1 Cor 2:1-5
I recently had breakfast with a group of men who are carpenters and construction workers. Like many folks in our country, they were talking about the fragile economic situation and the challenge of “getting steady work” these days. It was evident to me that these are hard-working men; in fact, we were having breakfast at a retreat center where they had just finished giving two days of backbreaking volunteer labor to repair and improve the building. They prided themselves on what they could accomplish with the ingenuity of their minds and the skill of their hands. So finding steady work was a matter of personal dignity for them.
For many people, Labor Day is merely the unofficial end of summer, a day on which to have cookouts before children return to school and the usual schedule begins anew. But, as we celebrate the Eucharist today, we pray the liturgy “For the Blessing of Human Labor.” In so doing, we are reminded of the dignity of work and, even more importantly, of the dignity of workers. In the creation story from the first chapter of Genesis, God creates a rich, fertile world that human beings are called to cultivate and develop to the best of their ability. The “dominion” over creation that we are given is not a license to plunder the earth; rather it is a call to care for creation in a way that will enable all living creatures to flourish. We are granted the sublime dignity of participating in the creative action of God in the world.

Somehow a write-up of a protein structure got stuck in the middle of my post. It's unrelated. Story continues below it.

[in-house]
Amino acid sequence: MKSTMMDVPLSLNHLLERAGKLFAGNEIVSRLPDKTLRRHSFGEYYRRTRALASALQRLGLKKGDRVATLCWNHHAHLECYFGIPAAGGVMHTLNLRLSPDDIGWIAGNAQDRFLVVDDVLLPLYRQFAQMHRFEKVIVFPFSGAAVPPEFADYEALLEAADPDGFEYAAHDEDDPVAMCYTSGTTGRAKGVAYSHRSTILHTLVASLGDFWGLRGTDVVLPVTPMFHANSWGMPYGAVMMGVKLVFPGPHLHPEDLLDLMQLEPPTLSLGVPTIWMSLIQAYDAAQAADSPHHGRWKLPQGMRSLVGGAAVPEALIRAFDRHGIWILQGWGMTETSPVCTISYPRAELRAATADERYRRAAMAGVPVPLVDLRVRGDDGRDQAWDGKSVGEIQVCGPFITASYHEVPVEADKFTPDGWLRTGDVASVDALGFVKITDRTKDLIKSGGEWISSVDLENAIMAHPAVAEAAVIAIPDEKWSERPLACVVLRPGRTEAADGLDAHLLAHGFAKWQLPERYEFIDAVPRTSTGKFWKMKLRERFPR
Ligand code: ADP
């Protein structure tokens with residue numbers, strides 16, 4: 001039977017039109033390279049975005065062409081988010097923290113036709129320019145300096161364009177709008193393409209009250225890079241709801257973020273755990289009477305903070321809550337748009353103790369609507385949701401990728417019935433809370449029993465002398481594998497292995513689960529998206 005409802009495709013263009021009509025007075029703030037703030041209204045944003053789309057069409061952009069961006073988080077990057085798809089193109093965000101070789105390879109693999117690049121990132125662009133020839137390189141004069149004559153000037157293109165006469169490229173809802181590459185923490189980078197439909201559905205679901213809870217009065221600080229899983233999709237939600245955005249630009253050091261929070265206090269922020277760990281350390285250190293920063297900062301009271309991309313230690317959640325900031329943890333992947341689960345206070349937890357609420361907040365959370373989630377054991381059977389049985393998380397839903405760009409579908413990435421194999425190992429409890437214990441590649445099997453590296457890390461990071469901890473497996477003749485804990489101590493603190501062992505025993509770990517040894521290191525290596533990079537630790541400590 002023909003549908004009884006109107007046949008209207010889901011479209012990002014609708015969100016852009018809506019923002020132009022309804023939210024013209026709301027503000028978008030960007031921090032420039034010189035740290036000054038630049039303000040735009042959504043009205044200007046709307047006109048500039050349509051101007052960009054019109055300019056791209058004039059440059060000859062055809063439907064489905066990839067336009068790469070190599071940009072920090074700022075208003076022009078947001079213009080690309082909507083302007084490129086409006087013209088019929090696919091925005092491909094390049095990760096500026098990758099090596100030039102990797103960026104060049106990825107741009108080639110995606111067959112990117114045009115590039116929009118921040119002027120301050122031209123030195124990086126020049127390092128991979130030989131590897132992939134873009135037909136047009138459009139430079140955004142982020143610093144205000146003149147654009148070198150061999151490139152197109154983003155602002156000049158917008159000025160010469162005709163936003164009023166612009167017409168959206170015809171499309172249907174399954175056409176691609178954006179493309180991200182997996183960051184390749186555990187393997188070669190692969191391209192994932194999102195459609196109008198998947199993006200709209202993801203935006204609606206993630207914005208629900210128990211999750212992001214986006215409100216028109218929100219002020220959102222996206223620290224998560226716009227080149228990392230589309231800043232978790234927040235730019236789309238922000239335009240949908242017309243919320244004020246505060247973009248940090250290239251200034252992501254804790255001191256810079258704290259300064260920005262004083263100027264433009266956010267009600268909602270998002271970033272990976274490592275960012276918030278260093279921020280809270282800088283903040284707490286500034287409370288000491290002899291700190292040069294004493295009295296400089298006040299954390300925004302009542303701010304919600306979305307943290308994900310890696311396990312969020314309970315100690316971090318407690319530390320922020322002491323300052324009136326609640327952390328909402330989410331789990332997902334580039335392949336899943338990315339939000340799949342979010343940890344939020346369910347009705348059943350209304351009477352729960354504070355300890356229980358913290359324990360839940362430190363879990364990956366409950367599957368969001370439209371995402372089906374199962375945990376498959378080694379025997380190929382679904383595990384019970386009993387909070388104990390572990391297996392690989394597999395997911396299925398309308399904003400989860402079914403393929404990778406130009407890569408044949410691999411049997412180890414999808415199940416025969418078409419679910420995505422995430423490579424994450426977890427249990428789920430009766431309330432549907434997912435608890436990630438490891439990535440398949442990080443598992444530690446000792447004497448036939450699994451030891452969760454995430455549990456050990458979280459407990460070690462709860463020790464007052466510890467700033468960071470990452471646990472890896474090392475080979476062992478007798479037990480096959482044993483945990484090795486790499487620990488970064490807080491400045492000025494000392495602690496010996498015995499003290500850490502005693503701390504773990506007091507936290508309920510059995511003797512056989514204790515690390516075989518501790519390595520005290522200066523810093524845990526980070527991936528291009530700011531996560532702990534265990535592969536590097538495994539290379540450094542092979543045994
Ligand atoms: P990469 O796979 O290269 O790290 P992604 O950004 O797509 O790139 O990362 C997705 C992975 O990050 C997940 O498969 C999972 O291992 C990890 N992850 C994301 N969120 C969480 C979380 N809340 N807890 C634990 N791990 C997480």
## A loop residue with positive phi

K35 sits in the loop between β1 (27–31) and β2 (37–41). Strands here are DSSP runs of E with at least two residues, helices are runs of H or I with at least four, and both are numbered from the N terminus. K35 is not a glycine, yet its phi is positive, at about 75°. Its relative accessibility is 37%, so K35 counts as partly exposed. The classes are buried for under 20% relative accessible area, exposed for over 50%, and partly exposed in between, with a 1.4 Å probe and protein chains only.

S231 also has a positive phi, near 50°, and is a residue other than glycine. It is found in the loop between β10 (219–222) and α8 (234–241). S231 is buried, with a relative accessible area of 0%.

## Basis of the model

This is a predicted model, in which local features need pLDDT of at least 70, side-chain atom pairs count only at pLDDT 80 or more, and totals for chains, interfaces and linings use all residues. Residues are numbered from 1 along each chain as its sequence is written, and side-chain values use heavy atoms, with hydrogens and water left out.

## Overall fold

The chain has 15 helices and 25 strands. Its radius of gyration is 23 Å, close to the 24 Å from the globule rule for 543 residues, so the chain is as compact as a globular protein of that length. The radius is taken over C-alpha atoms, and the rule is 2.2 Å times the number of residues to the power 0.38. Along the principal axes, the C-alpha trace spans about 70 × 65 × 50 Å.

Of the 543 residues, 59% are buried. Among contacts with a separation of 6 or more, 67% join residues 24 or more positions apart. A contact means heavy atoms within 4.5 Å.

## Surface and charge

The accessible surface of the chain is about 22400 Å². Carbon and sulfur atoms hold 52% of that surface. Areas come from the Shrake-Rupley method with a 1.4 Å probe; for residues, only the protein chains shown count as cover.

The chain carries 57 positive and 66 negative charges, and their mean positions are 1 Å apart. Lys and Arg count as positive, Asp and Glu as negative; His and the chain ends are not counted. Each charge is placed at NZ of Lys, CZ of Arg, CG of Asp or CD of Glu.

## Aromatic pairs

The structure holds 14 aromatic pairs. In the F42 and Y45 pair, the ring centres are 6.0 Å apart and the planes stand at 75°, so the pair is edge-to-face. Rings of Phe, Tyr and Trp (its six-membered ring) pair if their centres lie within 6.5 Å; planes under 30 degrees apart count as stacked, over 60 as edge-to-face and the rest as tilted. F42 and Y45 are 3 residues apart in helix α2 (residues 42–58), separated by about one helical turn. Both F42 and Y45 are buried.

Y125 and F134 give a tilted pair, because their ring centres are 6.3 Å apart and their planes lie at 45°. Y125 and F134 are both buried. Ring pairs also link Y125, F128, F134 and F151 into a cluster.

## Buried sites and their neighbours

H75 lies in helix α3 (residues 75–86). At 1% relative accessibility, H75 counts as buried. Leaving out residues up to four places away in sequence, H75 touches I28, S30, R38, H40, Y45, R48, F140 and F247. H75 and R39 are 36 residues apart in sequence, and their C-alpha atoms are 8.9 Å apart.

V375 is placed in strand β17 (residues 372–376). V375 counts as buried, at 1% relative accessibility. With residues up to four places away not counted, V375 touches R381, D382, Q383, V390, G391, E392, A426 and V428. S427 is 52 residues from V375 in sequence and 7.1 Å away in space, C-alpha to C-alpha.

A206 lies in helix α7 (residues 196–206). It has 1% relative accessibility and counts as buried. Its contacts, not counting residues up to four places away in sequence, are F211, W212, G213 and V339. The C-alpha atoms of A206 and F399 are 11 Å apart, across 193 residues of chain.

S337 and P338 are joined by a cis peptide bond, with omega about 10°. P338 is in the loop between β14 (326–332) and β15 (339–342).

The call to be co-creators with God, however, does not entail being consumed by work. The biblical author tells us that, when God was finished with his own work of creation, God rested on the seventh day. The Gospel, too, suggests that an obsession with work is not part of God’s designs for the human family. Jesus cautions his disciples against a crippling anxiety concerning the things we need. If we think that everything depends on us and what we can accomplish, we will never be able to rest. Jesus invites his followers to entrust their labors and their very lives into the hands of the God who truly cares for them. Such trust in God’s enduring care enables us to step back and rest when we need to.
Finding the right balance between work and rest is not always easy, is it? I have often struggled with that in my own life. Achieving that balance is made easier, however, when we realize that we belong to the Lord in all that we are and do. This is the God of life, the God who “worked” in giving existence and life to this vast and ancient universe, and the God who “rested” on the seventh day. God desires that we use all of our energies and gifts in seeking his kingdom in the world. But God is not a taskmaster; God invites us to come apart and rest, to find “Sabbath” times in our lives when we can praise the God of creation and redemption and be renewed in God’s loving presence.
- Fr. Robin Ryan, C.P.